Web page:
Flying Treasure

The Goldfinch 1654, Carel Fabritius (1622-1654) Currently on loan from the Royal Picture Gallery Mauritshuis to the Scottish National Gallery
The Goldfinch 1654, Carel Fabritius (1622-1654)
Currently on loan from the Royal Picture Gallery Mauritshuis
to the Scottish National Gallery

Oh, be still my beating heart!  I have found a new desert-island painting.

We are so very lucky in Edinburgh to have a short (six-week) opportunity to spend time with Carel Fabritius’ masterpiece, The Goldfinch.  Hub and I popped in to see it yesterday morning and it took our breath away.

I, like millions of others, was already in love with this image, having always been a huge fan of Flemish art, and having recently read Donna Tartt’s novel, The Goldfinch (see my review of the book here).  It is probably also relevant that the goldfinch is one of my most favourite birds – I adore the bright colours of the male and particularly love their ‘waterfall’ chatter – check out this audio clip if you want to hear what I mean.

But nothing prepared me for the emotional pull, the beauty, the magic of the real thing.  It looks so fresh, as if the paint was still drying.

You can read all about the paining and the artist’s rather tragic life in this excellent summary by the National Gallery.  The painting is relatively small – you can get an idea of its size from the youTube clip below, which covers the story of its appearance in the USA in 2014.

I can see that I am going to be visiting the gallery even more often than usual in the coming weeks! 🙂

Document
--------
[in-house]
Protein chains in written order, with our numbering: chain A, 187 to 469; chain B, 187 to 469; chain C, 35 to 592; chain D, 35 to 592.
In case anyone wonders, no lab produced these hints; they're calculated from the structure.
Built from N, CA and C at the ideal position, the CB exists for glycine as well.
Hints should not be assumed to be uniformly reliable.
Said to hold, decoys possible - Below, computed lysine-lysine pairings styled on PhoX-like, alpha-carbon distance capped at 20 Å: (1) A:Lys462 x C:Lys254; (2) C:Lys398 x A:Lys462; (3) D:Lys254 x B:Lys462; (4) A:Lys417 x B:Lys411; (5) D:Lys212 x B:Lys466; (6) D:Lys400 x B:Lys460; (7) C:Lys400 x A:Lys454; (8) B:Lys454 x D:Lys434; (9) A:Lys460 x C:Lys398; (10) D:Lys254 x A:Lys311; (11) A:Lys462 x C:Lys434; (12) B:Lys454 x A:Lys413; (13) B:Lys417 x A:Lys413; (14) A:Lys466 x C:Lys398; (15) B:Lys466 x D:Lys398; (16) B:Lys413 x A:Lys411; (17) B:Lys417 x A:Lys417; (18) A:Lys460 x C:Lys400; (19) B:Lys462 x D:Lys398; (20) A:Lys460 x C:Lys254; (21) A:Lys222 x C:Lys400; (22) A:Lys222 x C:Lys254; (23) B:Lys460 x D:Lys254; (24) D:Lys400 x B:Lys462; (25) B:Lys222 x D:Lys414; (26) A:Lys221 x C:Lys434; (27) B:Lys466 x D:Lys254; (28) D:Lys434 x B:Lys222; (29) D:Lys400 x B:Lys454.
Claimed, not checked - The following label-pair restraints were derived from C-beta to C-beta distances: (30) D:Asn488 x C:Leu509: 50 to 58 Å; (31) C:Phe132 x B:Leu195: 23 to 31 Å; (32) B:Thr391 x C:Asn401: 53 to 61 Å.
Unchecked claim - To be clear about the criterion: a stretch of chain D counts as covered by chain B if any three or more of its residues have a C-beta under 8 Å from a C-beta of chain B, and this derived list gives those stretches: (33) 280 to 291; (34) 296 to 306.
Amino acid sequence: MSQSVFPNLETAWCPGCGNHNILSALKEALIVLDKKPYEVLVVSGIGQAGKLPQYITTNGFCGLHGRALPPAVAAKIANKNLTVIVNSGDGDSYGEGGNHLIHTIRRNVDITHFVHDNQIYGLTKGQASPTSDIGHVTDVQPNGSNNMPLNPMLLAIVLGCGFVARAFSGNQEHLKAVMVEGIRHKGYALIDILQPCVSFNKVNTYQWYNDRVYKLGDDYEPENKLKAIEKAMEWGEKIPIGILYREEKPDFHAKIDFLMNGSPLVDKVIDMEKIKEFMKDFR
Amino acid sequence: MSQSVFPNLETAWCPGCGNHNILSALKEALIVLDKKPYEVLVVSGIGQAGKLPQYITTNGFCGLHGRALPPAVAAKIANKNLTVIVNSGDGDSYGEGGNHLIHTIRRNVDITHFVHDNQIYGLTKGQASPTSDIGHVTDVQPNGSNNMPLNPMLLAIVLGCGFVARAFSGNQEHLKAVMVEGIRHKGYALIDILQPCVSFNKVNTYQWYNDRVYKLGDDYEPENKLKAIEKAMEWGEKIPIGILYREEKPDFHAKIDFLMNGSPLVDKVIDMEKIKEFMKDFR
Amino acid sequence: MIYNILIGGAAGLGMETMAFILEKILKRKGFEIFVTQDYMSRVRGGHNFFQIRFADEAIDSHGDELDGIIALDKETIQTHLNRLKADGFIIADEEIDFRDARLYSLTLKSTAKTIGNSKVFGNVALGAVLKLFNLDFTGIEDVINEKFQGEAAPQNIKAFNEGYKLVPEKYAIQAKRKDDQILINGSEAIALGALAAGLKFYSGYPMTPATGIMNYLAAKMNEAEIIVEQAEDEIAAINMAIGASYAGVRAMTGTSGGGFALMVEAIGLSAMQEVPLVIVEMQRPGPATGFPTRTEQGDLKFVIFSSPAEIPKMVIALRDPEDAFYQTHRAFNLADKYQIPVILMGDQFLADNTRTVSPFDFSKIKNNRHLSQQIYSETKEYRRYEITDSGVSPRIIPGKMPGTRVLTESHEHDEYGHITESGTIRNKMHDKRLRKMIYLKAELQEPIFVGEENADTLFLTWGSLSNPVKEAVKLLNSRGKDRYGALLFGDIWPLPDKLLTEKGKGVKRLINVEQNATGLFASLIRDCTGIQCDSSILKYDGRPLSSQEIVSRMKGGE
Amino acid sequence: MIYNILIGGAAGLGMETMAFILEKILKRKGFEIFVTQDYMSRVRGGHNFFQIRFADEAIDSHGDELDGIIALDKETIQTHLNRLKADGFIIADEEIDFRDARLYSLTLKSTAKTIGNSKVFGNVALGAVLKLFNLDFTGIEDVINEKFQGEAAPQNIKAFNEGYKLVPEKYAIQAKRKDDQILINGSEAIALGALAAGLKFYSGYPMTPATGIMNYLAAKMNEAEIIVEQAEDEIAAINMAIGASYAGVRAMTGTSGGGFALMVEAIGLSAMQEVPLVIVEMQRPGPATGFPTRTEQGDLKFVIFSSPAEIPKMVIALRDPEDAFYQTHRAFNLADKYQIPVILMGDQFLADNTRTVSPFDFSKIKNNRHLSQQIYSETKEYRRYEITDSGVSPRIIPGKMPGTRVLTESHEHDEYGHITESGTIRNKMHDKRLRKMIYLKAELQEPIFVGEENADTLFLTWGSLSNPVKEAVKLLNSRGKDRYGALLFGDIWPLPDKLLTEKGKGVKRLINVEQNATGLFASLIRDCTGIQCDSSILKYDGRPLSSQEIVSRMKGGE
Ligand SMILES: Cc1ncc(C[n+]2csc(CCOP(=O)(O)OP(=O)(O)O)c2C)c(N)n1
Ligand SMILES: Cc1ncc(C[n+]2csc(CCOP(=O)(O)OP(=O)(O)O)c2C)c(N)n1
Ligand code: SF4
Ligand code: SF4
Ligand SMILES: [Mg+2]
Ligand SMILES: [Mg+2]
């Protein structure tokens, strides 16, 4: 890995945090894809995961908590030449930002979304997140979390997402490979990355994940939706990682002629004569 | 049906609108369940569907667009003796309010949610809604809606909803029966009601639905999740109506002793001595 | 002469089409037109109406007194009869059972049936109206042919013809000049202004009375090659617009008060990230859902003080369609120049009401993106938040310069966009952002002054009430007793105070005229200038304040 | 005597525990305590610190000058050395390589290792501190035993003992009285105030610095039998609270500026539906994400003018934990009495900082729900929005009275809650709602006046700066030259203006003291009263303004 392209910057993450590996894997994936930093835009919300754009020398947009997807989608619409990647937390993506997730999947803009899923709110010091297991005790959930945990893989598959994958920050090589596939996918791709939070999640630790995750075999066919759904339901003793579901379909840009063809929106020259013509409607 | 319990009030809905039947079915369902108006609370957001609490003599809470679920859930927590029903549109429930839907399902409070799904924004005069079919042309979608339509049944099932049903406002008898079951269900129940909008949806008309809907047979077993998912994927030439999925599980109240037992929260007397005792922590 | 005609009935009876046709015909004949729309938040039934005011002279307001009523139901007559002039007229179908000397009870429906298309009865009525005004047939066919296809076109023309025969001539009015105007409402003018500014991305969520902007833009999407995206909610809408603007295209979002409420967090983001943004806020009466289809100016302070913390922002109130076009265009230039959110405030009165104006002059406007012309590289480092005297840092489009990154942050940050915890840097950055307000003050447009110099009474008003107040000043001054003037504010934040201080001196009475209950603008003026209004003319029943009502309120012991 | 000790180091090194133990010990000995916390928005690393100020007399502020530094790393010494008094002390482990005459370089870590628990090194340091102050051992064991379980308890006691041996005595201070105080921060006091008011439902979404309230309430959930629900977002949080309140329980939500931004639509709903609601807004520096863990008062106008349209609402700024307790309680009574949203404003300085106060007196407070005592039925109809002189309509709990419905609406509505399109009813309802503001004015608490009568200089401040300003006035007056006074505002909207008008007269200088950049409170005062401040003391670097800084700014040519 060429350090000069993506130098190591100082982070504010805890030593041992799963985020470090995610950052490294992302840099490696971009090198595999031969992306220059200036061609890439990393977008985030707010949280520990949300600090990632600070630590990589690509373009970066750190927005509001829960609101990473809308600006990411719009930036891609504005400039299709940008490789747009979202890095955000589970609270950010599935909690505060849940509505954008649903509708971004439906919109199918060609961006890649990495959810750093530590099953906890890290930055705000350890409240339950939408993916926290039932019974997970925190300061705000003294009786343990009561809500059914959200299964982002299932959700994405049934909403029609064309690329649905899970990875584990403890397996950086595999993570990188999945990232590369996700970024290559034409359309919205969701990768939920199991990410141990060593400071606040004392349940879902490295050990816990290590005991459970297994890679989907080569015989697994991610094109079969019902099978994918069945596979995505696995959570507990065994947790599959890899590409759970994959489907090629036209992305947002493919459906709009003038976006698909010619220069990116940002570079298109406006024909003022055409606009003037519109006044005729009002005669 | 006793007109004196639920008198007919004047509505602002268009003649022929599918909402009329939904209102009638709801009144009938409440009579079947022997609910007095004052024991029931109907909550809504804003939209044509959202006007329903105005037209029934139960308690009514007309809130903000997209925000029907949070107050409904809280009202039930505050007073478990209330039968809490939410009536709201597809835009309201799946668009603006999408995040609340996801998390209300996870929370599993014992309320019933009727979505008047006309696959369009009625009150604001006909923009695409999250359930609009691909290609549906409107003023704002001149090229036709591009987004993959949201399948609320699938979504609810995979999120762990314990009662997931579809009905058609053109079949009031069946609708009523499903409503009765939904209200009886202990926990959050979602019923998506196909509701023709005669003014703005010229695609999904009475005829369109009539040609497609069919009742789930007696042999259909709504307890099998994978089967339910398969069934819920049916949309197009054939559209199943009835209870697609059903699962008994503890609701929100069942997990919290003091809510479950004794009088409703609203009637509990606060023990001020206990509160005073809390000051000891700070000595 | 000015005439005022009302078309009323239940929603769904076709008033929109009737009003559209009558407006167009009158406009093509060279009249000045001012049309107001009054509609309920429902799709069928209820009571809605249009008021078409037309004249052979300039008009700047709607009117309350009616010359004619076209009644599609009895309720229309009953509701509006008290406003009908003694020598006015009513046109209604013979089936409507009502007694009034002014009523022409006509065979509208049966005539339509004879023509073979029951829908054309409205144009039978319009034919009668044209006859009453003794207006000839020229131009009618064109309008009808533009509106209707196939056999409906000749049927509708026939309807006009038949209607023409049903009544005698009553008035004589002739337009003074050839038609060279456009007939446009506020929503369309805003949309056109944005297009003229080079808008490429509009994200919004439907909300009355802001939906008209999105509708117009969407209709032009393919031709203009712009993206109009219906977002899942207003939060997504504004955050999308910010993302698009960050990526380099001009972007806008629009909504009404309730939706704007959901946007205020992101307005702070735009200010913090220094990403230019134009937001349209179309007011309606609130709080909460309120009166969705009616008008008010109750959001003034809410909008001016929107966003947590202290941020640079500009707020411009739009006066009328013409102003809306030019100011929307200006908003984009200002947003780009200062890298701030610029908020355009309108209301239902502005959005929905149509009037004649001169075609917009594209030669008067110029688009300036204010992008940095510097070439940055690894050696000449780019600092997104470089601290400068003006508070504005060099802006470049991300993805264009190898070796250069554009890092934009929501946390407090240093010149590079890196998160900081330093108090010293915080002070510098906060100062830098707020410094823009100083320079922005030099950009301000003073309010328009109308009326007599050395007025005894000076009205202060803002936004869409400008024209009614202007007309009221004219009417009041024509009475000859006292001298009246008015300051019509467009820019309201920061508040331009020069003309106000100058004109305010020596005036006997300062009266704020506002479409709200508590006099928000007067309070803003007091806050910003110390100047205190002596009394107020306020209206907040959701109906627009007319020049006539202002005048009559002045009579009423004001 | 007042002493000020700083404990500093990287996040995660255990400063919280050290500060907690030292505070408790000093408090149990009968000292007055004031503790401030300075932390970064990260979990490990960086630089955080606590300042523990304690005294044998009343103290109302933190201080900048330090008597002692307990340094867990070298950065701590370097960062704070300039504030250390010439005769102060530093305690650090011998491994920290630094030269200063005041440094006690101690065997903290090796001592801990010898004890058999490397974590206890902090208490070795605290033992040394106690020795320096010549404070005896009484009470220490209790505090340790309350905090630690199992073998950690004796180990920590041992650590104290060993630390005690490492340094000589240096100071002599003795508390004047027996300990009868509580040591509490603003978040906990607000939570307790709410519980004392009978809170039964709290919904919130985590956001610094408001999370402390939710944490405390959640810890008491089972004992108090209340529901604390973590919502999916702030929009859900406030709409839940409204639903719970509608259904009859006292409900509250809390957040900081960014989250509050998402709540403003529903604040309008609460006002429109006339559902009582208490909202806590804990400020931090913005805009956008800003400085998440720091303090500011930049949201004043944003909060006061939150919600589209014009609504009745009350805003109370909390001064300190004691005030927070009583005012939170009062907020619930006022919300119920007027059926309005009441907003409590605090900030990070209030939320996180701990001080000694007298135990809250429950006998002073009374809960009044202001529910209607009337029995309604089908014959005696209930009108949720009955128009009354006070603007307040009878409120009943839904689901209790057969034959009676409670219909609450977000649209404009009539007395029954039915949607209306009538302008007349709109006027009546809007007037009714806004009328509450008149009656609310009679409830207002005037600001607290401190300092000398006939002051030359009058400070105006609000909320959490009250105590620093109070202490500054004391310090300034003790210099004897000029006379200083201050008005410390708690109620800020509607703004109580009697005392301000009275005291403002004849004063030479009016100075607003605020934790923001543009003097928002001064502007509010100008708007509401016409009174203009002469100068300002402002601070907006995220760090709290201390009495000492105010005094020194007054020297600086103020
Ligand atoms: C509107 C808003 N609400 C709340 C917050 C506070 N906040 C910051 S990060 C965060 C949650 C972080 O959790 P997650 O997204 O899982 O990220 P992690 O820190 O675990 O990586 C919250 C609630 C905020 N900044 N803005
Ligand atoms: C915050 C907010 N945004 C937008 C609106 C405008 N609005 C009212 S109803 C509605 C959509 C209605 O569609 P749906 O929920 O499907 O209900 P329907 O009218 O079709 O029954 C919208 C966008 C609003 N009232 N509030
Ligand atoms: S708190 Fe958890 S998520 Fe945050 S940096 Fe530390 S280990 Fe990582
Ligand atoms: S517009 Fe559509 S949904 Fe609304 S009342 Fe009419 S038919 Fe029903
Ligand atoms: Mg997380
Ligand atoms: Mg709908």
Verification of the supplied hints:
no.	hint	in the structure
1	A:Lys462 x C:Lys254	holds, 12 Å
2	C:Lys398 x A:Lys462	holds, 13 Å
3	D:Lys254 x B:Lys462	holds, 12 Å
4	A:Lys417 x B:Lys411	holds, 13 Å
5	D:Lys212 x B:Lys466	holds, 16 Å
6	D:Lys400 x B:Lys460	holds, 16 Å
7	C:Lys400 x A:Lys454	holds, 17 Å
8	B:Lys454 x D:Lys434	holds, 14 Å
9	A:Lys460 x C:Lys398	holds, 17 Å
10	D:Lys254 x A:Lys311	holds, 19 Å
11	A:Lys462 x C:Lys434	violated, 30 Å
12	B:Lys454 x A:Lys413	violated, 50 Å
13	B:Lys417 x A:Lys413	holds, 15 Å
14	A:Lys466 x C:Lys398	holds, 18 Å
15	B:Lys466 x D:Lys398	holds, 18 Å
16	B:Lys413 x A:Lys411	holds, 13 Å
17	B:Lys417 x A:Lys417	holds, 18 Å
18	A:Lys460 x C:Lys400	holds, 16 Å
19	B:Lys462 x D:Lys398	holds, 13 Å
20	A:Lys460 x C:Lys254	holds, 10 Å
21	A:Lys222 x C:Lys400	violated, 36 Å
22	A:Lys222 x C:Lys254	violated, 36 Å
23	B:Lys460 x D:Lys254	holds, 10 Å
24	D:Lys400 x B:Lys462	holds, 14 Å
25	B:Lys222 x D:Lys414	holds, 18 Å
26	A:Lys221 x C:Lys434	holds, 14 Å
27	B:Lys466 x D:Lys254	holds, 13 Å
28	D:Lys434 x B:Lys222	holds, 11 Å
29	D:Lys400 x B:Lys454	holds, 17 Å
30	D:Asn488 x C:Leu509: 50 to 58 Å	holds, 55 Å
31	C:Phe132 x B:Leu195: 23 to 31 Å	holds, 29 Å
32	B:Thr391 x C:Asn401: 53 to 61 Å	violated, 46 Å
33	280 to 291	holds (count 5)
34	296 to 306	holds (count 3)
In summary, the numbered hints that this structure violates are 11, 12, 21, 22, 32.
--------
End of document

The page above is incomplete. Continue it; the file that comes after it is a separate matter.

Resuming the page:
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14 thoughts on “Flying Treasure

  1. You are going to have so much fun! Every visit to that special place is like walking into magic realm.

    Liked by 1 person

  2. Seeing a painting with your own eyes, as opposed to seeing a photograph or copy of it, is such a fantastic experience. I am glad you have been able to see the Goldfinch.

    Liked by 1 person

  3. Oh, how wonderful. It’s lovely that we can see so much art online now, but real life is so much better.

    Liked by 1 person

    1. Thanks, Jane – so true! 😀

      Liked by 1 person

  4. It’s strange how we always imagine art to be larger than most of it is in reality. It is a fine painting, an improvement on Cubism most definitely!

    Liked by 1 person

    1. Completely agree. Some of my favourite paintings are like tiny jewels and it is easy to forget the impact they have in real life when looking at them in books etc.

      Liked by 2 people

  5. I can feel your excitement all the way down here, Liz! I love goldfinches too. Enjoy your flying treasure; I hope you get to visit often before it flies away again 🙂

    Liked by 1 person

  6. How wonderful to see this painting. Small but perfectly formed. 🙂

    Liked by 1 person

    1. It is a true delight – and a way of escaping into something beautiful! 🙂

      Liked by 1 person

  7. I agree with everyone’s comments: seeing a painting in reality rather than in photo is such a different experience. I love goldfinches too – we have a lot here and then males with their bright yellow plumage never cease to amaze me.

    Liked by 1 person

    1. Thanks, Letizia – so happy that we share a love of goldfinches! X

      Like

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